THE VIEW
The View
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Football investment: vanity, ego and sheer fandom, or hard-headed business?

There will always be another hapless individual willing to give ownership a go, but bear in mind no one has ever sold a major franchise for less than they paid

PUBLISHED : Wednesday, 31 May, 2017, 10:09am
UPDATED : Wednesday, 31 May, 2017, 10:39pm

Arsenal Football Club fans have been highly critical of Stan Kroenke, their club’s major shareholder, accusing him of disinterest and failure to invest – but after last week’s FA Cup victory that criticism is likely to be muted.

Kroenke is not a typical sports club owner, he is very low profile and is criticised for being less than passionate about the clubs he owns because aside from Arsenal, he is also an investor in the NFL’s Los Angeles Rams, the NBA’s Denver Nuggets and the NHL’s Colarado Avalanche.

How can he be passionate about all of them, critics ask?

It may be sport but this is also a serious business in every sense of the word. Or as the legendary football manager Bill Shankly famously said: “Some people think football is a matter of life and death. I assure you, it’s much more serious than that”.

Perhaps this is why so many millionaires and billionaires are clambering aboard the football investment wagon.

Some people think football is a matter of life and death. I assure you, it’s much more serious than that
Legendary Liverpool manager Bill Shankly

Chinese businessmen have recently emerged as football’s highest profile new investors.

In England their money has made its mark most recently at Manchester City – China Media Capital and CITIC are buying 13 per cent of City’s parent company for US$400 million – and Aston Villa – sold to a Chinese group owned by Dr Tony Xia Jiantong in a deal worth a reported US$86 million.

Chinese companies have also acquiring some really splashy stakes in Europe, with clubs ranging from AC Milan and Inter Milan to Spain’s Atlético Madrid.

Before proceeding let me declare an interest here as I am lifelong tribal Arsenal supporter.

I say tribal because I am not that interested in footie but went to a school near the Highbury stadium which was famous for producing Arsenal players and we got coaching from the teams’ professionals.

Non-Arsenal supporting numskuls tended to get beaten up, so I was quick to show where my allegiances lay.

In those days players actually came from the locality of the clubs and were very much part of the community. That all ended with the arrival of big business and localism was thrown out of the window and clubs have had to earn business-speak.

This does not mean that owning football clubs is a route to profit.

On the contrary as Hong Kong businessman Carson Yeung ka-sing discovered after taking over Birmingham City, a costly acquisition that damaged the club and added greatly to his financial woes, not to mention the money laundering scam that put him in jail.

However infinitely richer businessmen than the disgraced Yeung have also got into the game and lost more impressive sums of money, which, luckily for them, is money they can afford to loose.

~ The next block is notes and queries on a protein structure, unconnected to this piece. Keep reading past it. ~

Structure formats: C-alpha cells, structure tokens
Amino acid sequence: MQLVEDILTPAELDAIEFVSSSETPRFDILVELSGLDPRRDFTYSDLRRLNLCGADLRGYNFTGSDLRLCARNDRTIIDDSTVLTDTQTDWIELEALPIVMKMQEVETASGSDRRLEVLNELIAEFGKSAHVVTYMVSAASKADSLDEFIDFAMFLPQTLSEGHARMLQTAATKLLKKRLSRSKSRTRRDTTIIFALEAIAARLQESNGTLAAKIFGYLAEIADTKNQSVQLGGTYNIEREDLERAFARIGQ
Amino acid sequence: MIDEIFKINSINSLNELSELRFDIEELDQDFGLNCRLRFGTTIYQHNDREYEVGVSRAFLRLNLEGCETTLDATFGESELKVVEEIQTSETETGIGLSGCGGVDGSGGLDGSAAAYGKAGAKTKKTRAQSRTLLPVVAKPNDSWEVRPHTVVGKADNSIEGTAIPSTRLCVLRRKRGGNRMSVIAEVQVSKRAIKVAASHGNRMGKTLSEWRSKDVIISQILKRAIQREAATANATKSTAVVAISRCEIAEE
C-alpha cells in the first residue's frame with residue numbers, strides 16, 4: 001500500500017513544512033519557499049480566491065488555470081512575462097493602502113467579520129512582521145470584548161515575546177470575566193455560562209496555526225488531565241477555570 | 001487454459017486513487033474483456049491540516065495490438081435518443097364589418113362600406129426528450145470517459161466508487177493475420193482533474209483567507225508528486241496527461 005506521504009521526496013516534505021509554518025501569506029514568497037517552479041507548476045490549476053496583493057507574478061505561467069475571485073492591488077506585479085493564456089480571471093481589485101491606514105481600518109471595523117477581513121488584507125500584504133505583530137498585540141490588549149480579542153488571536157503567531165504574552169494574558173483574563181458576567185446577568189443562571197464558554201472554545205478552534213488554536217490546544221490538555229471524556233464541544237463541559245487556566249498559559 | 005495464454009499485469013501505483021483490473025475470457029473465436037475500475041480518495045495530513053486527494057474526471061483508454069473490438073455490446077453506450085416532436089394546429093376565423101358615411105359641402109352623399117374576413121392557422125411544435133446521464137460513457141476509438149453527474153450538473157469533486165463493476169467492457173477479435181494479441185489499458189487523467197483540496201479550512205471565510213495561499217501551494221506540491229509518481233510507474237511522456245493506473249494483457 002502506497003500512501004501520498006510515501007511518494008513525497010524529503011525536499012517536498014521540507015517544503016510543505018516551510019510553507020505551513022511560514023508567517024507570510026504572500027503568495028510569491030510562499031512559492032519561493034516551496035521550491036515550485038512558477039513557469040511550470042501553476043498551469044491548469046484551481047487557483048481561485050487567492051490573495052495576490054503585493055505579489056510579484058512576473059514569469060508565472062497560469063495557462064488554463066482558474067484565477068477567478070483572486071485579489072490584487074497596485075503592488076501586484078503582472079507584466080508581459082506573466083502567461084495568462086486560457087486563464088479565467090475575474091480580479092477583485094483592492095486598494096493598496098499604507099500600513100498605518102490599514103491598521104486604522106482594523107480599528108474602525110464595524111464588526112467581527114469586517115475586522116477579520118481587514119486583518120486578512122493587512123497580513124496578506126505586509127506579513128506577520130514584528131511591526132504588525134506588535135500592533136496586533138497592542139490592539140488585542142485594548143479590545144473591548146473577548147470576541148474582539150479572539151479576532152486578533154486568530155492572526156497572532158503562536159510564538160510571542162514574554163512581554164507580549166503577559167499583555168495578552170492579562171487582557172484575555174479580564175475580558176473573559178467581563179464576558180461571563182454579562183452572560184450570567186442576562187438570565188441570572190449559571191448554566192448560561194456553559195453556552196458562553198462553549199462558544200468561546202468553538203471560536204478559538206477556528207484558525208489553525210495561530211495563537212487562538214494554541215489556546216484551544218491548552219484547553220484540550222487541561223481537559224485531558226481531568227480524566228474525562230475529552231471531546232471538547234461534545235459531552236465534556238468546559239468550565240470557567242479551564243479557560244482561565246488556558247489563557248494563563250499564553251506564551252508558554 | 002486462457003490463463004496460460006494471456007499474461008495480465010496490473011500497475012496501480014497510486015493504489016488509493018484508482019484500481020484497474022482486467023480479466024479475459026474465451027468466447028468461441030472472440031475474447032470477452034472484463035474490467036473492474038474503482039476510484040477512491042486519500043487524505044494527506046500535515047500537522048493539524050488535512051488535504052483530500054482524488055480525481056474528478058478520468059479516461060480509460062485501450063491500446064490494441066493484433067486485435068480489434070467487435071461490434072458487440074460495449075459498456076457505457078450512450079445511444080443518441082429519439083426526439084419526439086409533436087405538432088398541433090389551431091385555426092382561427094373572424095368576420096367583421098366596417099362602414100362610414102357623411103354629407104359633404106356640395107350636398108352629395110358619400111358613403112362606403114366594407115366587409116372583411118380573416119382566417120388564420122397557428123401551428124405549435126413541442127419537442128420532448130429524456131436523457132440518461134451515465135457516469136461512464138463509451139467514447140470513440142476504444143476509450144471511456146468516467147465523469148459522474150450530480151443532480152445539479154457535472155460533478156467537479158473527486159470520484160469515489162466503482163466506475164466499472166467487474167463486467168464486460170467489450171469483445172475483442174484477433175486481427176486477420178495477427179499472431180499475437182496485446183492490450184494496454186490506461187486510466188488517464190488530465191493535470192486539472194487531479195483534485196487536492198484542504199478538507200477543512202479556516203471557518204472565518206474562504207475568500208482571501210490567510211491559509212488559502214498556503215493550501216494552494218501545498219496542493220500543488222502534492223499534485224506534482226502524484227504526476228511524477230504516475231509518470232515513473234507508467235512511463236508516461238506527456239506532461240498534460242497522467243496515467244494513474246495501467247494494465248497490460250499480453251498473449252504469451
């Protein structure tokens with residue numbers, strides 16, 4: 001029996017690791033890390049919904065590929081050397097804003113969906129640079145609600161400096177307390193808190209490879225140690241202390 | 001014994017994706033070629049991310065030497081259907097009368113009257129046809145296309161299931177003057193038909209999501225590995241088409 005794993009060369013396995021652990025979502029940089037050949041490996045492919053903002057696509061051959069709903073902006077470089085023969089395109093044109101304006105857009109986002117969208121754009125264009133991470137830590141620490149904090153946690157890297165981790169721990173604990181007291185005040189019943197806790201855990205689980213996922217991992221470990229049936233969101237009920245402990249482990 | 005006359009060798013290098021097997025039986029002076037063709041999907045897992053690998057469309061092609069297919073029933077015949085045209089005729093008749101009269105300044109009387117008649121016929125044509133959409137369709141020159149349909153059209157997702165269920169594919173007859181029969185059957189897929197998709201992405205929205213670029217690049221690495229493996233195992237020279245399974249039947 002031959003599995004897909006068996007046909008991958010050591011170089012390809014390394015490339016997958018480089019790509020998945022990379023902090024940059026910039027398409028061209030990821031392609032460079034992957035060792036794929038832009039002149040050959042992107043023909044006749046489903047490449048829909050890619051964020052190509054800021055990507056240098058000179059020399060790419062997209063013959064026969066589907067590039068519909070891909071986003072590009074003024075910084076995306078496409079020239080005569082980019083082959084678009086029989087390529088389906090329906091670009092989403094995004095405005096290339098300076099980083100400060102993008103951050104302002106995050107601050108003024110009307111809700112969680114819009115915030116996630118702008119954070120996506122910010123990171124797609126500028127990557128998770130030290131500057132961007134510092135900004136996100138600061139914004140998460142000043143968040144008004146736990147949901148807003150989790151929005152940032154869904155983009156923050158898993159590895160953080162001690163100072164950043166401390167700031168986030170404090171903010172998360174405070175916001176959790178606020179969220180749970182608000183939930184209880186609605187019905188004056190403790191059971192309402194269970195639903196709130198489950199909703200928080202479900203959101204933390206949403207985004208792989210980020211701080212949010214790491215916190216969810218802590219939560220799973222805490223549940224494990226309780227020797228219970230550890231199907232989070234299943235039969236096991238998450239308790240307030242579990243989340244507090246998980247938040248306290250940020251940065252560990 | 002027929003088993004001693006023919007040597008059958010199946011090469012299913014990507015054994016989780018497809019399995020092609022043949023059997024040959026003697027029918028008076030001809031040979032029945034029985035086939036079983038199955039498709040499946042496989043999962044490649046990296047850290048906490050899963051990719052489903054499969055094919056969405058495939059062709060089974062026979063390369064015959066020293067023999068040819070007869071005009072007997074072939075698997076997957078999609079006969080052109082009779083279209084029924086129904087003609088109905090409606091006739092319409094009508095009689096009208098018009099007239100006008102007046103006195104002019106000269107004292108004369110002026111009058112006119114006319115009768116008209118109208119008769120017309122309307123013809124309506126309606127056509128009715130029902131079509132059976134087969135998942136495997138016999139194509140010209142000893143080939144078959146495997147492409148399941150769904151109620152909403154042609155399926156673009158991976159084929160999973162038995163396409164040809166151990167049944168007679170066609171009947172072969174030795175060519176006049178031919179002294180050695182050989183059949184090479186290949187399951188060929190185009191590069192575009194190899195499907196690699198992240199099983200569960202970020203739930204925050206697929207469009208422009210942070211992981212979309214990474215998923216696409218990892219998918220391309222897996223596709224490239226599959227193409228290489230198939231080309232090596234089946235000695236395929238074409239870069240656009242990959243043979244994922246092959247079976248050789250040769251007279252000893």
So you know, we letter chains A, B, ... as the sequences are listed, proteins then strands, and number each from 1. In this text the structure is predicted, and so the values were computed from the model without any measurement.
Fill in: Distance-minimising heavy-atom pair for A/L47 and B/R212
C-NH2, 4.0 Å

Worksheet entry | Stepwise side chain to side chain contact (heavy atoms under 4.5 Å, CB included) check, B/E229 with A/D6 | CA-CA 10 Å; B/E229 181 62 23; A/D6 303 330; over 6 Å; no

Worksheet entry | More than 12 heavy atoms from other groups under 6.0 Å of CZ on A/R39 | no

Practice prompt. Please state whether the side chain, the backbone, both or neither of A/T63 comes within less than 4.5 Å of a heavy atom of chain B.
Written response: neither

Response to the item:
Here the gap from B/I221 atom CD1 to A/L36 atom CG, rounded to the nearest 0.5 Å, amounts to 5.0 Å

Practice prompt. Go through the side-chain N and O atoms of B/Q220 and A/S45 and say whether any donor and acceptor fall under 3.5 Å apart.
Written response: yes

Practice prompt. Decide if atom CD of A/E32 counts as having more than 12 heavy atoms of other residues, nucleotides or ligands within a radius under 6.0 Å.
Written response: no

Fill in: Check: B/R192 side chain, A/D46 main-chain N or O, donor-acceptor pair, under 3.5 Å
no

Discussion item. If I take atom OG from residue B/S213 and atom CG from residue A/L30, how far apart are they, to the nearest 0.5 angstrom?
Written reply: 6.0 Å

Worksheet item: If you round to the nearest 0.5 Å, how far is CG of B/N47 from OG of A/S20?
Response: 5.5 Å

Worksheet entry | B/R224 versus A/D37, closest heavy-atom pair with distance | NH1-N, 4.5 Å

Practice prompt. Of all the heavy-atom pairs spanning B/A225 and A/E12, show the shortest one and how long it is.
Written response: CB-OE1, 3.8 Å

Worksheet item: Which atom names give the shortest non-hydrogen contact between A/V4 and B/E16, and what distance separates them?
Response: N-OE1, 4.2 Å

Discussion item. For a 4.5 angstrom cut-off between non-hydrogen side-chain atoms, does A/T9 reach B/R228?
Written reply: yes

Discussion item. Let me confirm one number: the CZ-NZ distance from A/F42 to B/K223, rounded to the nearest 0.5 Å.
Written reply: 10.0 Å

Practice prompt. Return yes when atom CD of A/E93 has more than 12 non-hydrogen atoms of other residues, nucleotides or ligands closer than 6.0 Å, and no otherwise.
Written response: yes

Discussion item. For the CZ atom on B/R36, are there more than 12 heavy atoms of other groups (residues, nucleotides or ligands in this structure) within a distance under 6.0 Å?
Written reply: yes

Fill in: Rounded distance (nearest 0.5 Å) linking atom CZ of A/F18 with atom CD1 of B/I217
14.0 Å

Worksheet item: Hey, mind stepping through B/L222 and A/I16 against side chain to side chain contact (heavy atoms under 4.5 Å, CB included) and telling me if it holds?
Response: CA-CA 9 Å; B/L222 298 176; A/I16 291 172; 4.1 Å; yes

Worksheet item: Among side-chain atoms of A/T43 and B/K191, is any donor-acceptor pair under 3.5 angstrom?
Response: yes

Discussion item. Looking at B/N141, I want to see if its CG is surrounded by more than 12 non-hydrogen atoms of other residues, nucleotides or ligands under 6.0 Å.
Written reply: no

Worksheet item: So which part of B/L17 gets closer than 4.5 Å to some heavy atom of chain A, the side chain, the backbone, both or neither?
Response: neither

A case in point being Roman Abramovich, the Russian tycoon who owns Chelsea and is reported to have written off more than £1 billion (US$1.29 billion)since acquiring the club in 2003.

Investors from The Gulf have also been spending cartloads of money on football clubs. Sheikh Mansour from Abu Dhabi has also invested £1 billion in Manchester City since 2008 and the Qatar Investment Authority (the country’s sovereign wealth fund) raised quite a few eyebrows by acquiring the French premier league club Paris St Germain.

Other Gulf entities are responsible for either the ownership or the major sponsorship of almost half of the world’s biggest football clubs.

What they get for their money is, yes, you guessed it, demand for even more money. The global accounting firm Deloitte publishes an annual football business survey that regularly confirms the vast amount of money going into the game matched by the dismal returns derived from all this investment.

So, why does there seem to be an endless supply of very rich people wanting to make a really bad investment? An obvious explanation revolves around reasons of vanity, ego and perhaps, sheer fandom.

This also explains why otherwise sensible business people, including notable Hong Kong suckers, head to Hollywood to invest in a business they barely understand, but offers proximity to movie stars and the sheer glamour of the movie industry.

In the case of football investment, some more hardheaded considerations may well also be in play.

Sponsorship and ownership provide fantastic opportunities for advertising and profile raising. The name association with a successful club seems to be particularly attractive to airlines (maybe United might want to give it a try).

But there is also another compelling consideration, one that Kroenke has mentioned on a number of occasions, namely: ‘no one ever sold a major franchise for less than they paid’.

To prove the point he has reportedly been offered US$1.3 billion for his gradually acquired 67 per cent stake in Arsenal by the Uzbeck-Russian tycoon Alisher Usmanov. In the unlikely event that he were to accept, Kroenke would have more than doubled his investment.

What seems to be in operation here is the greater fool principle, in other words regardless of how little profit can be made out of football clubs there will always be another hapless individual willing to give ownership a go.

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